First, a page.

IMF's Kristalina Georgieva: Sustainability can fuel global recovery from Covid

International Monetary Fund chief says investing in new climate economy will boost growth and generate jobs

FILE PHOTO: IMF Managing Director Kristalina Georgieva speaks at a news conference ahead of the World Economic Forum (WEF) in Davos, Switzerland January 20, 2020. REUTERS/Denis Balibouse/File Photo

Sustainability can help to fuel the global recovery from the pandemic, International Monetary Fund chief Kristalina Georgieva said on Tuesday, as long as policymakers revitalise global co-operation and "wrestle" with climate change together.

The global economy is set to grow 5.5 per cent this year, 0.3 per cent "higher than projected before," Ms Georgieva told a virtual session at the World Economic Forum, while 2020 is still "a shrinking economy", at 3.5 per cent.

“We at the Fund are absolutely categorical on climate,” she said. “It is a fundamental risk to macroeconomic and financial stability and investing in the new climate economy is the best way we can boost growth and generate more jobs.”

However, to ensure climate change and sustainability becomes a prominent part of the post-pandemic future, Ms Georgieva said 2021 will become about 'the three R’s', with the first 'R' "the race" between a mutating virus and the vaccination drive.

“What we want to see is more collaboration globally,” she said.

The second 'R' is "the resolve" of policymakers to continue to support the most vulnerable parts of the economy, such as young people, women and low-skilled workers, to ensure they get through this crisis.

“Most importantly, [we need] the resolve of businesses to take on a big transformation [so that we have] capitalism that works for everyone. For us, it is critical that we see a future that is green, and that is fair and inclusive,” Ms Georgieva said.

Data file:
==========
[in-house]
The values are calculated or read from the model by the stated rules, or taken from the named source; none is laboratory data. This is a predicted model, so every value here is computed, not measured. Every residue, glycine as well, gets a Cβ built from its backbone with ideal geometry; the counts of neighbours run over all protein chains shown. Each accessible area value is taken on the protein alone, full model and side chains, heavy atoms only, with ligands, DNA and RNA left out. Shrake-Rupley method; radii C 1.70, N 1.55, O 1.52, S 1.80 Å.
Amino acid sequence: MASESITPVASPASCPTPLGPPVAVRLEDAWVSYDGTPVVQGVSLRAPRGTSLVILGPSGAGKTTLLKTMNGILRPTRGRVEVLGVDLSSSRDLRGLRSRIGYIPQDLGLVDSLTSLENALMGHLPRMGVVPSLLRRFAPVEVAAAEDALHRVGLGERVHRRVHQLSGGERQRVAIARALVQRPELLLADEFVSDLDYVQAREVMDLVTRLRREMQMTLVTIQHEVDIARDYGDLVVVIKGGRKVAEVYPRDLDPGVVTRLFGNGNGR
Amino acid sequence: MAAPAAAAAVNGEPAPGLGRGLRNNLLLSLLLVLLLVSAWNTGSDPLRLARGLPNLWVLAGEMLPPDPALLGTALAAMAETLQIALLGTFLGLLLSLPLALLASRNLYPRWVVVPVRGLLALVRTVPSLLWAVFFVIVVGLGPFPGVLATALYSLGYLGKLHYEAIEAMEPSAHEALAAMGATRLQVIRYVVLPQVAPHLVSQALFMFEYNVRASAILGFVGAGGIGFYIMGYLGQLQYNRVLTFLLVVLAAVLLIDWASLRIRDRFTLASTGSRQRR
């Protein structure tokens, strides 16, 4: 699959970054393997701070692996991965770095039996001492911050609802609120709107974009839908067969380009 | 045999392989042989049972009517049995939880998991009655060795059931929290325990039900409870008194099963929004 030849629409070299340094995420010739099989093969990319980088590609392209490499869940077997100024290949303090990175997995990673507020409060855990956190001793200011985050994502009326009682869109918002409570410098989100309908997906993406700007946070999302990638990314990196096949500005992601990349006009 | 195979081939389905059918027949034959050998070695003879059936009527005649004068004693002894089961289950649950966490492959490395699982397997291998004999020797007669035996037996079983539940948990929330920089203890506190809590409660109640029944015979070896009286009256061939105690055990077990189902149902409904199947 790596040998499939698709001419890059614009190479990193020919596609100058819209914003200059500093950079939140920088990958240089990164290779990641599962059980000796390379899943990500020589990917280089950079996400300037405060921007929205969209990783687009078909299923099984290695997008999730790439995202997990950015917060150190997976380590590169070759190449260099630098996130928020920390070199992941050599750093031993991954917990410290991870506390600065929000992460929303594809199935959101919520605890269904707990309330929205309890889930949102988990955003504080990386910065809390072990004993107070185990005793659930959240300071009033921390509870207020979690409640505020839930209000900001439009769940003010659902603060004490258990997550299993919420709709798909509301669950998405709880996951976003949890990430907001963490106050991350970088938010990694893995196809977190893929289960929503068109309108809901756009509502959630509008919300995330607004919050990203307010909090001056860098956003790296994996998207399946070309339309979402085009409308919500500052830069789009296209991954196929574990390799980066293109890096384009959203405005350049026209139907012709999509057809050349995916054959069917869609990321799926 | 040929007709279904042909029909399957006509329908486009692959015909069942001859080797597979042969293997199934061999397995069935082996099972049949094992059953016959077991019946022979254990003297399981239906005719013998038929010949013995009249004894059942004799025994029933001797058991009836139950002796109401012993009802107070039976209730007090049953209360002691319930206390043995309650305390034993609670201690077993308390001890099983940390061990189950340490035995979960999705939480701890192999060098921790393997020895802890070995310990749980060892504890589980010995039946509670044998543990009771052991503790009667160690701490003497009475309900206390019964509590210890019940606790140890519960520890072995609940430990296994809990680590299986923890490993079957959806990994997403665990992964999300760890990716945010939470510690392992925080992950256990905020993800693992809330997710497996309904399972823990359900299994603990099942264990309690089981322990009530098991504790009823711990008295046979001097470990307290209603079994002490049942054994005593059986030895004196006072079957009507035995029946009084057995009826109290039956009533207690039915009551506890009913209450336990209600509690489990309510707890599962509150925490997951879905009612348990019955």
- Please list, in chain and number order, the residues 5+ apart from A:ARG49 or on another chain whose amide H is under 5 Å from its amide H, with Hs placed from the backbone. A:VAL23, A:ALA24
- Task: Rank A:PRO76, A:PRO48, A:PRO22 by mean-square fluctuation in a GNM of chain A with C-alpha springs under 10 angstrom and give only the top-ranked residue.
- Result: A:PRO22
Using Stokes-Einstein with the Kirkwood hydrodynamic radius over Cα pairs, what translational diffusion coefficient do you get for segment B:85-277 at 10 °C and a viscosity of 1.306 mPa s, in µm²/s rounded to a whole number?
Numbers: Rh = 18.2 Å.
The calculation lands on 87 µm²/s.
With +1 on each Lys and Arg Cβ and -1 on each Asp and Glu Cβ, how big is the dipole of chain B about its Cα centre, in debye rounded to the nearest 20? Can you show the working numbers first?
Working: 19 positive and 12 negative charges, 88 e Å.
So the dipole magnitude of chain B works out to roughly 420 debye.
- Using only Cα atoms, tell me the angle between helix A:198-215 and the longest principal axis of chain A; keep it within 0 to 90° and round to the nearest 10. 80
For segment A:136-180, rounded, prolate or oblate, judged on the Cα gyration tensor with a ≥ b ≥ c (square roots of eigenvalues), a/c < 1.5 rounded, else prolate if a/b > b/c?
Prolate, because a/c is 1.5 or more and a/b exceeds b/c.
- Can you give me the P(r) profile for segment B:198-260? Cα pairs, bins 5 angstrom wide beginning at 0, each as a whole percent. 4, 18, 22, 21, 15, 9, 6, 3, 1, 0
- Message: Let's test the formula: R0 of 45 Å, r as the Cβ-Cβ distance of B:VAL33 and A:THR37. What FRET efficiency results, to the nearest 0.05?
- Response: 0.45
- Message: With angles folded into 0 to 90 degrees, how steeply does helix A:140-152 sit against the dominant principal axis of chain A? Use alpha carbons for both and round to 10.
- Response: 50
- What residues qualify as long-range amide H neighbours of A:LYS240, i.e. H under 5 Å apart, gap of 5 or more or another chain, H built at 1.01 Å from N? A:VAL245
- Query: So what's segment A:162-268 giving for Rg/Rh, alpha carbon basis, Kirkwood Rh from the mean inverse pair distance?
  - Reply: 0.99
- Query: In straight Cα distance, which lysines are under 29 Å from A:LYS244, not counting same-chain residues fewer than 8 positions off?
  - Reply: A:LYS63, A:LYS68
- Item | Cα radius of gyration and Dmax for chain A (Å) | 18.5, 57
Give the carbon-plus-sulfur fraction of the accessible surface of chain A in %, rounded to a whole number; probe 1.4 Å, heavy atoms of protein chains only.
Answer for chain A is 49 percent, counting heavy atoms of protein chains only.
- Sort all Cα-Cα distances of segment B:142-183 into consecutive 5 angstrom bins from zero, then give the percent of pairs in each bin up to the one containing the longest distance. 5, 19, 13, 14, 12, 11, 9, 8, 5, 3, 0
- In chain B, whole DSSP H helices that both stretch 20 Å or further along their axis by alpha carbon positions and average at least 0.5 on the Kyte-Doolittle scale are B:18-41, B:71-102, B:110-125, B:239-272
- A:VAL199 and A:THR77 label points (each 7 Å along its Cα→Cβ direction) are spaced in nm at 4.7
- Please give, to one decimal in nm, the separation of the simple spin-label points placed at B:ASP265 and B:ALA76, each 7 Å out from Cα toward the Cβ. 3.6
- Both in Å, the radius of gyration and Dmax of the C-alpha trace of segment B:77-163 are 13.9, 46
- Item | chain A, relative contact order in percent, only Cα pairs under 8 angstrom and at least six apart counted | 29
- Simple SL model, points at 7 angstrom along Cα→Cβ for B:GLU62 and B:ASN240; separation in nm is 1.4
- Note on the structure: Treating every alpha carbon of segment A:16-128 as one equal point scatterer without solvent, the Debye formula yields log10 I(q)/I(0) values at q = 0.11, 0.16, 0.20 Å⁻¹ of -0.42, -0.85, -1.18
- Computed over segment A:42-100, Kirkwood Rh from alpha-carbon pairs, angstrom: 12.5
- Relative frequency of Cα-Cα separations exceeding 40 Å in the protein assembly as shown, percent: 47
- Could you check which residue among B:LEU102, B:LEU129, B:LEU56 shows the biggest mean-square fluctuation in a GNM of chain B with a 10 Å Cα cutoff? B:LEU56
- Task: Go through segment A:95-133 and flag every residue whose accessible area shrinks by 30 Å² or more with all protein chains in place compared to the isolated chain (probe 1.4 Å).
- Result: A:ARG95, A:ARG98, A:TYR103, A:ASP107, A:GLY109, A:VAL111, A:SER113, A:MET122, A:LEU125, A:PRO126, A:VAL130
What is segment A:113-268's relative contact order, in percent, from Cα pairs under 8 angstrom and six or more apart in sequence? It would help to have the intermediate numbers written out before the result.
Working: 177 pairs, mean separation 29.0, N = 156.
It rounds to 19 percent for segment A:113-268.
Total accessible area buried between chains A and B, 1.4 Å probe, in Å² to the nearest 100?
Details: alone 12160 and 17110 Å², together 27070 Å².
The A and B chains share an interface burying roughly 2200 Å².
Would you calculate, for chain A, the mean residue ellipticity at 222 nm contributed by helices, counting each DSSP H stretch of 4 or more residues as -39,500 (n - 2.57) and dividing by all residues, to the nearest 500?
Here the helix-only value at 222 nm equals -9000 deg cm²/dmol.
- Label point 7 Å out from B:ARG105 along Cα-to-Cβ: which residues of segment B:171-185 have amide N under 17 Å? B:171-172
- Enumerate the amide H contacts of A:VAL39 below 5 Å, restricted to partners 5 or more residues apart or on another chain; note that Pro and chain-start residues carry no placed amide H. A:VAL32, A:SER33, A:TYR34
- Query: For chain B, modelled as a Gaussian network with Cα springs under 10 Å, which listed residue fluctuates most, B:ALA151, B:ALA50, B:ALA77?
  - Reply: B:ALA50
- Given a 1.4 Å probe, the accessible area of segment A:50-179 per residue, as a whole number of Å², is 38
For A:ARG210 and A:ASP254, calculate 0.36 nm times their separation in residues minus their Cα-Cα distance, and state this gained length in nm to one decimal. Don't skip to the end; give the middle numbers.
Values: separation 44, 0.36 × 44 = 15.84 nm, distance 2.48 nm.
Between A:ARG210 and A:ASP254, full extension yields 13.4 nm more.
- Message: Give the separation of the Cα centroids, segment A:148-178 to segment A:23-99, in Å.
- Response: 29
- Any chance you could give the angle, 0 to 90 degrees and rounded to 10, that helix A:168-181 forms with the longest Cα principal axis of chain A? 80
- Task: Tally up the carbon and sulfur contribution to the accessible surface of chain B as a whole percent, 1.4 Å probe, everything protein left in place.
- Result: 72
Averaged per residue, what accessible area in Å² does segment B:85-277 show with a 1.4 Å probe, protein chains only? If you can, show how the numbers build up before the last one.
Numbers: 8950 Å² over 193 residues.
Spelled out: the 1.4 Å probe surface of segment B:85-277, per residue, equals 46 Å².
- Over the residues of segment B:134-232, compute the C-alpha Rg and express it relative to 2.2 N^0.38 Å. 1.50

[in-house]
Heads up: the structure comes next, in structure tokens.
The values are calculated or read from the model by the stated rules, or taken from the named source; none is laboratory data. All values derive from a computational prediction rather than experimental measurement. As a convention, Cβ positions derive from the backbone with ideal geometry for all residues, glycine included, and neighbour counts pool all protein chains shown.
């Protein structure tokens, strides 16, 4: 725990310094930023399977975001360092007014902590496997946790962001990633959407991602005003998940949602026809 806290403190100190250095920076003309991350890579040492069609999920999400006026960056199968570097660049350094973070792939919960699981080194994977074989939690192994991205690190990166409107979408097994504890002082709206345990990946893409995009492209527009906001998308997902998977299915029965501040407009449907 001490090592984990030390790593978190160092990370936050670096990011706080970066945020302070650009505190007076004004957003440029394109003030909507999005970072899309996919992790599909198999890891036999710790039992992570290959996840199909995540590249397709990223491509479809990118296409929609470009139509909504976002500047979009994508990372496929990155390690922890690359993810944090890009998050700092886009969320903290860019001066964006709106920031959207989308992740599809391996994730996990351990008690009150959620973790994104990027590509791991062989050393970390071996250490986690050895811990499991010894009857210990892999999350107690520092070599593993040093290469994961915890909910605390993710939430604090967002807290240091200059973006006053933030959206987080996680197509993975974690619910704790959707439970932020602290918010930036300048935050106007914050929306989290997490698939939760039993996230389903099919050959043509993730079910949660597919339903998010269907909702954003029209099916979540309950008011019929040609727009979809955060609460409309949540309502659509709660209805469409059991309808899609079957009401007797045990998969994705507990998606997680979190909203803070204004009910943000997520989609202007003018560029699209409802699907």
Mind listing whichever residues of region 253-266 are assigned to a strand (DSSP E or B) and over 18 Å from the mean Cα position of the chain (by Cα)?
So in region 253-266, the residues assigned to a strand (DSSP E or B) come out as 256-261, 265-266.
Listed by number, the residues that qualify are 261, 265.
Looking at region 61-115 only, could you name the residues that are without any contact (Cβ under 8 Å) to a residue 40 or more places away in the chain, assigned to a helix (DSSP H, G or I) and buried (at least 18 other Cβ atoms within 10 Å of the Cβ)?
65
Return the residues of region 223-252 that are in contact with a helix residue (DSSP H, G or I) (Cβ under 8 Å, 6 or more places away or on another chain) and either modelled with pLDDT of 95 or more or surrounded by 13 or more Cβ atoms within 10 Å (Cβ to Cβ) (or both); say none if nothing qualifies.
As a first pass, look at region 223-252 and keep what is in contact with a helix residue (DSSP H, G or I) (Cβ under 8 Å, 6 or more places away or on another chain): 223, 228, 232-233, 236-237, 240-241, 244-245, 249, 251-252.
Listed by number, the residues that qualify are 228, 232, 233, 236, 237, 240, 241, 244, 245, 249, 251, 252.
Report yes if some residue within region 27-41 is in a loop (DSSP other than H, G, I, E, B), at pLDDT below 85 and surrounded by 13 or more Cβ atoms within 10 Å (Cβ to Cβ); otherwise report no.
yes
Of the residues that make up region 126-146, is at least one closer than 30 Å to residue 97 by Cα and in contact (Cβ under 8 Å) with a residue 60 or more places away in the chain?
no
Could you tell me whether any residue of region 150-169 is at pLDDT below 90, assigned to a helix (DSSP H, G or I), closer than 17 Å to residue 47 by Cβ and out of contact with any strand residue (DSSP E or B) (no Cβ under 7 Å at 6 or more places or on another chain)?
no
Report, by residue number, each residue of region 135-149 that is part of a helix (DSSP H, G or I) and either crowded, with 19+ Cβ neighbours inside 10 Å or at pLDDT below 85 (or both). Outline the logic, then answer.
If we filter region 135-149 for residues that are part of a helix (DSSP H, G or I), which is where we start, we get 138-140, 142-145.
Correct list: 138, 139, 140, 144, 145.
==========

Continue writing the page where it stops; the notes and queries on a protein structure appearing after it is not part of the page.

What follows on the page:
Her third 'R' for 2021 is "to revitalise" global co-operation.

“It was not up to par with what the world needs last year," she said. “So we want to see big missions” such as climate change become something policymakers “wrestle” with together to overtake the big crisis hanging over our heads.

One of the most positive surprises of 2020, she said, was how the pandemic helped the world revaluate what matters in life.

In the very first round of fiscal stimulus, “we did not see much attention to green (issues) and probably rightly so”, said the IMF managing director as then the issue was preventing economies "from collapse".

In November, Bank of England governor Andrew Bailey said the UK had not abandoned its commitment to climate change despite the "stark decisions" it was forced to make to tackle the Covid-19 crisis.

Mr Bailey said the regulator decided to prioritise people’s jobs, livelihoods and businesses at the start of the crisis, however, the UK now aims to build a financial system that is resilient to the risks from climate change and is supportive of a net-zero economy.

Ms Georgieva said this type of change in fiscal measures has seen much more attention paid to "integrating climate risks and more importantly, opportunities of the transition to the new climate economy",

Europe vowed on Tuesday to push nations around the world to move climate action up their political and economic agendas as it forges ahead with an ambitious green overhaul to become the world’s first continent to zero-out greenhouse gases.

“We are seeing these measures coming around the world and we want to encourage more of those," said Ms Georgieva.

"Where I am particularly positive is when people say 'there is no way back'."

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